Goldman Sachs Group Inc. is standing by its very bullish call on commodities, saying that the recent global markets selloff only bolsters its view that raw materials are set to perform well in the months ahead.
“Commodities proved to work just as advertised” during the equity-led declines, Jeffrey Currie, the bank’s head of commodities research, said in an interview on Bloomberg Television from Hong Kong on Wednesday. “In fact, you saw base metals and gold trade up as the equity market went down.”
Global markets have been roiled in the past week after a two-day rout in U.S. equities spilled over into commodities and other assets, before Wall Street rebounded in Tuesday’s session. Ahead of the tumble, Goldman threw its weight behind raw materials in a Feb. 1 note, saying that it’s more bullish on commodities than any time since the end of the supercycle in 2008. As economies around the world pick up, factories are humming, eating into stockpiles and driving raw material demand, according to the bank.
“Historically, when you look at commodities they perform very well during rate-hiking cycles,” Currie told Tom Mackenzie in the interview. “Oil’s what we called backwardated, where spot prices sit above forward prices, so you buy at a discount and roll up the curve. In other words, it pays you to be long.”
The Bloomberg Commodity Index rallied in late January to the highest level since October 2015, aided by gains in metals and oil. While the index did drop in the three days to Tuesday, the losses were smaller than seen among equity benchmarks. During the selloff, other analysts also reaffirmed their positive outlook, with Citigroup Inc. backing metals over bonds.
The Federal Reserve has raised rates five times since 2015, and Goldman sees more increases on the way. Policy makers signaled at their January meeting they expected the U.S. economy to warrant “further” gradual hikes, and Goldman’s chief economist Jan Hatzius said this week the Fed’s on course to raise borrowing costs four times this year and four more times in 2019.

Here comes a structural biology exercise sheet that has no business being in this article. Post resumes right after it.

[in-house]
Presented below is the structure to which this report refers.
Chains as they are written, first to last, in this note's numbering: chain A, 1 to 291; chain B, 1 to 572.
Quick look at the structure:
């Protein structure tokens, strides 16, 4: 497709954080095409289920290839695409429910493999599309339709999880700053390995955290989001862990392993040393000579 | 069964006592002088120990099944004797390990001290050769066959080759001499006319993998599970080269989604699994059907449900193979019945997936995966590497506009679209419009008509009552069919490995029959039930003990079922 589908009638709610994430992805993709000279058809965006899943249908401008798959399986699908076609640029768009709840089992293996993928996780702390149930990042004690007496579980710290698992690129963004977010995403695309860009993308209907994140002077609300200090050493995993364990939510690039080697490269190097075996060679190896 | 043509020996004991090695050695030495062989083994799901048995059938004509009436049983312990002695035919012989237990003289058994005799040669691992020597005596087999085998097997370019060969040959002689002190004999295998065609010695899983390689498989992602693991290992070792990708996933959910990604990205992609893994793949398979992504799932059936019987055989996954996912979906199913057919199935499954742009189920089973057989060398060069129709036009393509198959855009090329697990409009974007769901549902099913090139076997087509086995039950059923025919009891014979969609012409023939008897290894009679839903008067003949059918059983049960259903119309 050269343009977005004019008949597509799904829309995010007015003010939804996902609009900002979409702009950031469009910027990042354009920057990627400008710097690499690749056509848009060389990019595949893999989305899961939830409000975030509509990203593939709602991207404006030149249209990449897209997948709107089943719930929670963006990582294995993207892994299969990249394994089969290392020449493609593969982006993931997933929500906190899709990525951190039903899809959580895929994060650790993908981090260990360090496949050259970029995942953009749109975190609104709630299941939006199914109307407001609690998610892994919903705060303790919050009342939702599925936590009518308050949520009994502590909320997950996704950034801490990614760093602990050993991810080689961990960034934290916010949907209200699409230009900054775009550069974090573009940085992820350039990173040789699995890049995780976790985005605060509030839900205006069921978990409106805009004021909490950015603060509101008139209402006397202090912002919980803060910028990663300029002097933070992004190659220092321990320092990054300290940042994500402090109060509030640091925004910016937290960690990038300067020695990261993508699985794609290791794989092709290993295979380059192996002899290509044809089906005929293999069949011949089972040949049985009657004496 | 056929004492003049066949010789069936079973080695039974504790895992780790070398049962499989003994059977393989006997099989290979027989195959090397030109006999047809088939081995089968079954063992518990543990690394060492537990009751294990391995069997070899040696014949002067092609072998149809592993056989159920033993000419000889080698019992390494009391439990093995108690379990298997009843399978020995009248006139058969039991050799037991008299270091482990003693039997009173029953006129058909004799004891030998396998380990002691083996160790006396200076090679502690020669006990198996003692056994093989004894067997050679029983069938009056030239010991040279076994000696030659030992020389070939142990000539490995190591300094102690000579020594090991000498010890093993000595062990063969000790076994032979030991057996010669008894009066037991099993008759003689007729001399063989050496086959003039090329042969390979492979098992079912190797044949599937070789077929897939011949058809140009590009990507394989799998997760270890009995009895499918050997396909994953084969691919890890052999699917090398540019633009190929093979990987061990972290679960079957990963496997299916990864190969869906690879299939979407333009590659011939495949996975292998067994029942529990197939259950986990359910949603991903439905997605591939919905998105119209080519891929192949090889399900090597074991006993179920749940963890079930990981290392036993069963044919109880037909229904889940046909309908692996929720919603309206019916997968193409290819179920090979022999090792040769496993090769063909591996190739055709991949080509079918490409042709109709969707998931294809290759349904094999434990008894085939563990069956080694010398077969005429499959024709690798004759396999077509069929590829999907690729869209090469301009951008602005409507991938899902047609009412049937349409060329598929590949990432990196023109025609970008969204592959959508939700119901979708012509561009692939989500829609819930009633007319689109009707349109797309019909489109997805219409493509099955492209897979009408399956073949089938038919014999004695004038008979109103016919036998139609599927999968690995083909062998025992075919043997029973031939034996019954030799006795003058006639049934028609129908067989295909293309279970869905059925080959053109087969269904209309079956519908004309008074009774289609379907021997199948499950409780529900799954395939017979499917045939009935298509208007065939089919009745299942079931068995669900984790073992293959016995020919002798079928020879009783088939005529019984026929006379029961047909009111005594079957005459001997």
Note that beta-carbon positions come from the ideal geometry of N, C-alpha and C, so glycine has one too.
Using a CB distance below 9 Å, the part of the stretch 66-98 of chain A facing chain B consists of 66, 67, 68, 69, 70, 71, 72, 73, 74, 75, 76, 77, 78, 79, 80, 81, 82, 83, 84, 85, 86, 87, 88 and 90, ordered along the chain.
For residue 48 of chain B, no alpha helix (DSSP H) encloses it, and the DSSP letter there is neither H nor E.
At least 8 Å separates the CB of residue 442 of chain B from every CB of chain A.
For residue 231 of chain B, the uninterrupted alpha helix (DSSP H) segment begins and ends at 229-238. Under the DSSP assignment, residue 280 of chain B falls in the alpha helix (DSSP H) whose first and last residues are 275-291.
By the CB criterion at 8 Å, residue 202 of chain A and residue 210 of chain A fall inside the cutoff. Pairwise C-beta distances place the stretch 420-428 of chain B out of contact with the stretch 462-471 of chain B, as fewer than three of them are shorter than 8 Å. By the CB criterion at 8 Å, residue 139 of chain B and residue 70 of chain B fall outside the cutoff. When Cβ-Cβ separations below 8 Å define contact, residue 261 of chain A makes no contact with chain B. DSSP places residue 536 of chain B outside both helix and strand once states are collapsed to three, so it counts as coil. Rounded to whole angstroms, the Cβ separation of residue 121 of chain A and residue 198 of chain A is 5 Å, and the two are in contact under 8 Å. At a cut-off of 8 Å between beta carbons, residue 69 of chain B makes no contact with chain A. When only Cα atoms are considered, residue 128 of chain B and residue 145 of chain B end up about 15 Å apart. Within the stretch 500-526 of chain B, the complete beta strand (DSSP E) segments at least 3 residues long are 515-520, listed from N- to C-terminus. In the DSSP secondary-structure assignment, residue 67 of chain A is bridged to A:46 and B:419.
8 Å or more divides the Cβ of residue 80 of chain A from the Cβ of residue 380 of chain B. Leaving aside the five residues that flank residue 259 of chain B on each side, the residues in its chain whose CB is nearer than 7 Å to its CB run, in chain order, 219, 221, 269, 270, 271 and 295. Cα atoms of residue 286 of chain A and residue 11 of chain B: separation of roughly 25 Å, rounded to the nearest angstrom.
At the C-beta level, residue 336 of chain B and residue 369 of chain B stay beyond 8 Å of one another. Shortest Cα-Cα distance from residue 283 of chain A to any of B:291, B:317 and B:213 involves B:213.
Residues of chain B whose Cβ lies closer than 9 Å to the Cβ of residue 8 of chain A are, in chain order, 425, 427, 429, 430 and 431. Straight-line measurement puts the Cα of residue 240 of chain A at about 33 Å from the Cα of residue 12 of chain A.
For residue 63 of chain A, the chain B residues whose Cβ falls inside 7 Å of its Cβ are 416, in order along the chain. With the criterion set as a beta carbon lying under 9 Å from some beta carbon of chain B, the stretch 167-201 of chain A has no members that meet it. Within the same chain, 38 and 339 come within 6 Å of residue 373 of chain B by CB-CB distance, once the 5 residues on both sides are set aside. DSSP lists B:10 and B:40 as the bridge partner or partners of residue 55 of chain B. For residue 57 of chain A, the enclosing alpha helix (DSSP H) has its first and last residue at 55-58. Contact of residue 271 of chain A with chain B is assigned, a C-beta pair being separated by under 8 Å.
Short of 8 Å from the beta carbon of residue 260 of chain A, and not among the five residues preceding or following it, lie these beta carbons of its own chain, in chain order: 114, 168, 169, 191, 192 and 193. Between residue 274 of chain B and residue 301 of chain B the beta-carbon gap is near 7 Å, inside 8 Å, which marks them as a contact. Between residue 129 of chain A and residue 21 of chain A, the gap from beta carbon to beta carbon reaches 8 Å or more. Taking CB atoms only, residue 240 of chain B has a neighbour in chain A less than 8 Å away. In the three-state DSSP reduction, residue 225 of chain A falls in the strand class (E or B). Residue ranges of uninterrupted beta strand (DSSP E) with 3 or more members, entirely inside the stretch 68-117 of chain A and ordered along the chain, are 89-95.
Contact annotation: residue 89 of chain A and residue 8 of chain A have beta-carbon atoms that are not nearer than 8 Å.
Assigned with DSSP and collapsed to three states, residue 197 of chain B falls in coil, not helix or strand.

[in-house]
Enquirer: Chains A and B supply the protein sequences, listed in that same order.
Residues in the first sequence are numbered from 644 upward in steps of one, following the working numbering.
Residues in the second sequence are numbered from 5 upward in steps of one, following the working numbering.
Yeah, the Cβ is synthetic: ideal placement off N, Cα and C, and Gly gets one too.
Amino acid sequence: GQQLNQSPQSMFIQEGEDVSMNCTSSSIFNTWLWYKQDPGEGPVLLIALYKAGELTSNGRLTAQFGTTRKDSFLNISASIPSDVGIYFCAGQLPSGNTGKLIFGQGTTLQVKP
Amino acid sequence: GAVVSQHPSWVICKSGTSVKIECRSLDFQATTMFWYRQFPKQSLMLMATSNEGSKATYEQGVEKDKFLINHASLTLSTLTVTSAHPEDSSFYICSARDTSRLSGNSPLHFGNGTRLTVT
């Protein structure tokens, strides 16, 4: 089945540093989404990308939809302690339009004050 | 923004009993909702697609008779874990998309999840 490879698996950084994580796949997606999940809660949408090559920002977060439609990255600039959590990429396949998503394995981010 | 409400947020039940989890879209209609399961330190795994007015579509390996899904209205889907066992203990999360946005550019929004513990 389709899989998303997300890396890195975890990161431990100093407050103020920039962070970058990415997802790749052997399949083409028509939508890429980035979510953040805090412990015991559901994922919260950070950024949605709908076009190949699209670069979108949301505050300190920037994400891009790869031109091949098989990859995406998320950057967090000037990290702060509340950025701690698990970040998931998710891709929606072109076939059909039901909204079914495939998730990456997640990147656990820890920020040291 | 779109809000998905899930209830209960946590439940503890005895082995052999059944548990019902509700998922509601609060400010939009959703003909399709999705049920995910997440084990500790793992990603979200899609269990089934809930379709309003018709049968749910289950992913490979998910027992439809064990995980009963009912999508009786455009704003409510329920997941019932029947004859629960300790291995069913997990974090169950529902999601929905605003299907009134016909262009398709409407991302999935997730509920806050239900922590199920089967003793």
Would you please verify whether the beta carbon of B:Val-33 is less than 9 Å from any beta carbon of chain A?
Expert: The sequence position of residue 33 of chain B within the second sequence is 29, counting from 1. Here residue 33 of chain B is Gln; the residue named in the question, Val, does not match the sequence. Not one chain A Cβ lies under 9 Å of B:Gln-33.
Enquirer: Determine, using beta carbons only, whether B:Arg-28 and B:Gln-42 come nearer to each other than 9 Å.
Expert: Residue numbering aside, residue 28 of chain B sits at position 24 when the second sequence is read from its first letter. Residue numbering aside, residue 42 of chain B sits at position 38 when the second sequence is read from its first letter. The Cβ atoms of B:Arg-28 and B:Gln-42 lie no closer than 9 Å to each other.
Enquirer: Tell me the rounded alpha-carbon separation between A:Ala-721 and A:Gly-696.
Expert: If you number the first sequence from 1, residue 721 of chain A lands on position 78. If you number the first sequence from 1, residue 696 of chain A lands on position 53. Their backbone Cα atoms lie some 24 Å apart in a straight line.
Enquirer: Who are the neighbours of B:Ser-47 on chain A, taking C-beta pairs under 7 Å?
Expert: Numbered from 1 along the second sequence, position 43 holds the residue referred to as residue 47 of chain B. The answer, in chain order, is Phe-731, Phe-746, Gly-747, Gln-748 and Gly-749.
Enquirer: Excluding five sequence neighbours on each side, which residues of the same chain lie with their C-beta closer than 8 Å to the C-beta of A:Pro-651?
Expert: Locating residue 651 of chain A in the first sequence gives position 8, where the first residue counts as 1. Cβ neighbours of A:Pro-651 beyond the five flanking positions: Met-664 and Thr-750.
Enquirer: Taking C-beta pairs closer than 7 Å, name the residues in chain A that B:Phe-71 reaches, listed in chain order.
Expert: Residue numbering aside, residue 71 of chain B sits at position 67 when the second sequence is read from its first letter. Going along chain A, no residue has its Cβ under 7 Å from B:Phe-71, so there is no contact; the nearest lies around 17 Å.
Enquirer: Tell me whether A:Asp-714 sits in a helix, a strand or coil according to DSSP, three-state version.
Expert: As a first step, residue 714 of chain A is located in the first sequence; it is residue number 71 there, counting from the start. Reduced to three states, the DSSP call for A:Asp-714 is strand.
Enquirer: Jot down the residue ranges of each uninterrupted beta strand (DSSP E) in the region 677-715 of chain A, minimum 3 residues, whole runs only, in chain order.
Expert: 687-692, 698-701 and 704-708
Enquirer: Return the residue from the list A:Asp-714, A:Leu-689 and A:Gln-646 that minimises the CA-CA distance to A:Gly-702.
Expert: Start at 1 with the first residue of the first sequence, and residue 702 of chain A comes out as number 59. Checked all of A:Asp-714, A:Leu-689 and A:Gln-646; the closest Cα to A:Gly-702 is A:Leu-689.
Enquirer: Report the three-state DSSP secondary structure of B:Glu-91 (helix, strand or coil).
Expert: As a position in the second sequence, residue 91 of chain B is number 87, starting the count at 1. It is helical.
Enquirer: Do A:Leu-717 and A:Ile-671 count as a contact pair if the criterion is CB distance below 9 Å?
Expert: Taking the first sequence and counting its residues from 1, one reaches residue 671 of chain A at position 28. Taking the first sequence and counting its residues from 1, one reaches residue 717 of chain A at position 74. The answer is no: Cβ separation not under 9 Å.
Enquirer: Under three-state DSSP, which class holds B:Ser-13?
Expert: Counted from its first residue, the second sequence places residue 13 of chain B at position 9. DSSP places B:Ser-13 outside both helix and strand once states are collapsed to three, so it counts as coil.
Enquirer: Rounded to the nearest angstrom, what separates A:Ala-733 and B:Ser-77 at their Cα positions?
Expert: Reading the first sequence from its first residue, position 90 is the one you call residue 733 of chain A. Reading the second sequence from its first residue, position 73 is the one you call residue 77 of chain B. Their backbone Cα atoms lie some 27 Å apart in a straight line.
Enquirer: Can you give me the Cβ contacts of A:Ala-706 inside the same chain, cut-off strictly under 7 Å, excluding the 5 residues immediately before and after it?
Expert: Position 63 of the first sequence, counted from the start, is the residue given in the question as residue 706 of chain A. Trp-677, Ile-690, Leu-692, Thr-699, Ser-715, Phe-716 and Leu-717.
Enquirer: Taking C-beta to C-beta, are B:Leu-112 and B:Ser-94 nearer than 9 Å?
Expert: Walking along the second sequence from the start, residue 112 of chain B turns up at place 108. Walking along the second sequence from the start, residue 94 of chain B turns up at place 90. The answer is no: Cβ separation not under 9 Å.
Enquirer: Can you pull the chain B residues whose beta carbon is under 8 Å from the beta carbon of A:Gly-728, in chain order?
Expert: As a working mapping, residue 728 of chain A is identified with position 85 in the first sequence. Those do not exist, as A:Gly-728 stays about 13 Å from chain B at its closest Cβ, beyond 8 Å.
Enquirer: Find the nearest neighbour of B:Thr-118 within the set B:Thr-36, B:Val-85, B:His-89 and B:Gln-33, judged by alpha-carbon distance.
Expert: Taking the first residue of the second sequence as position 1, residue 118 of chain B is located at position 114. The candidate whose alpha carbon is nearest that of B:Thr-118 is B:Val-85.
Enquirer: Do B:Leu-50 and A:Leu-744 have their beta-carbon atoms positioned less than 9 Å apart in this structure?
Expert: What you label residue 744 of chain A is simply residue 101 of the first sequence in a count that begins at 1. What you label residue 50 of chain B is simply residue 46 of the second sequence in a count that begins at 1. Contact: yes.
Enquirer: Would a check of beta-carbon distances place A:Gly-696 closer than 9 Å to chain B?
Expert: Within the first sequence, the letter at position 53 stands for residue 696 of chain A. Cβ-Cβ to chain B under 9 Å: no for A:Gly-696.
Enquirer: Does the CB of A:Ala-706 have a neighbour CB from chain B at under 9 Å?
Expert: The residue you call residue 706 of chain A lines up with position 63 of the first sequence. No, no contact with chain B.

“During the rate-hiking cycle industrial metals are up on average 50 percent per annum: we did 30 percent last year,” said Currie. “So again, we’d think again that in this type of environment, this is what commodities were intended to perform really well. And what we’re seeing so far is spot on.”
Among the targets in the Feb. 1 report, Goldman forecast copper rising to $8,000 a metric ton in 12 months, Brent crude topping $82 a barrel within six, and iron ore gaining to $85 a ton in three. On Wednesday, copper was little changed at $7,071 after falling 1.3 percent the previous day, Brent climbed 0.3 percent to $67.09, and spot iron ore was last at $75.92.
Currie said reforms in China, where policy makers have moved to reduce excess capacity, also aided raw materials as they improved utilization rates and helped companies to cut debt loads. “When you look at the supply-side reforms in China, they’ve been absolutely brilliant,” said Currie.
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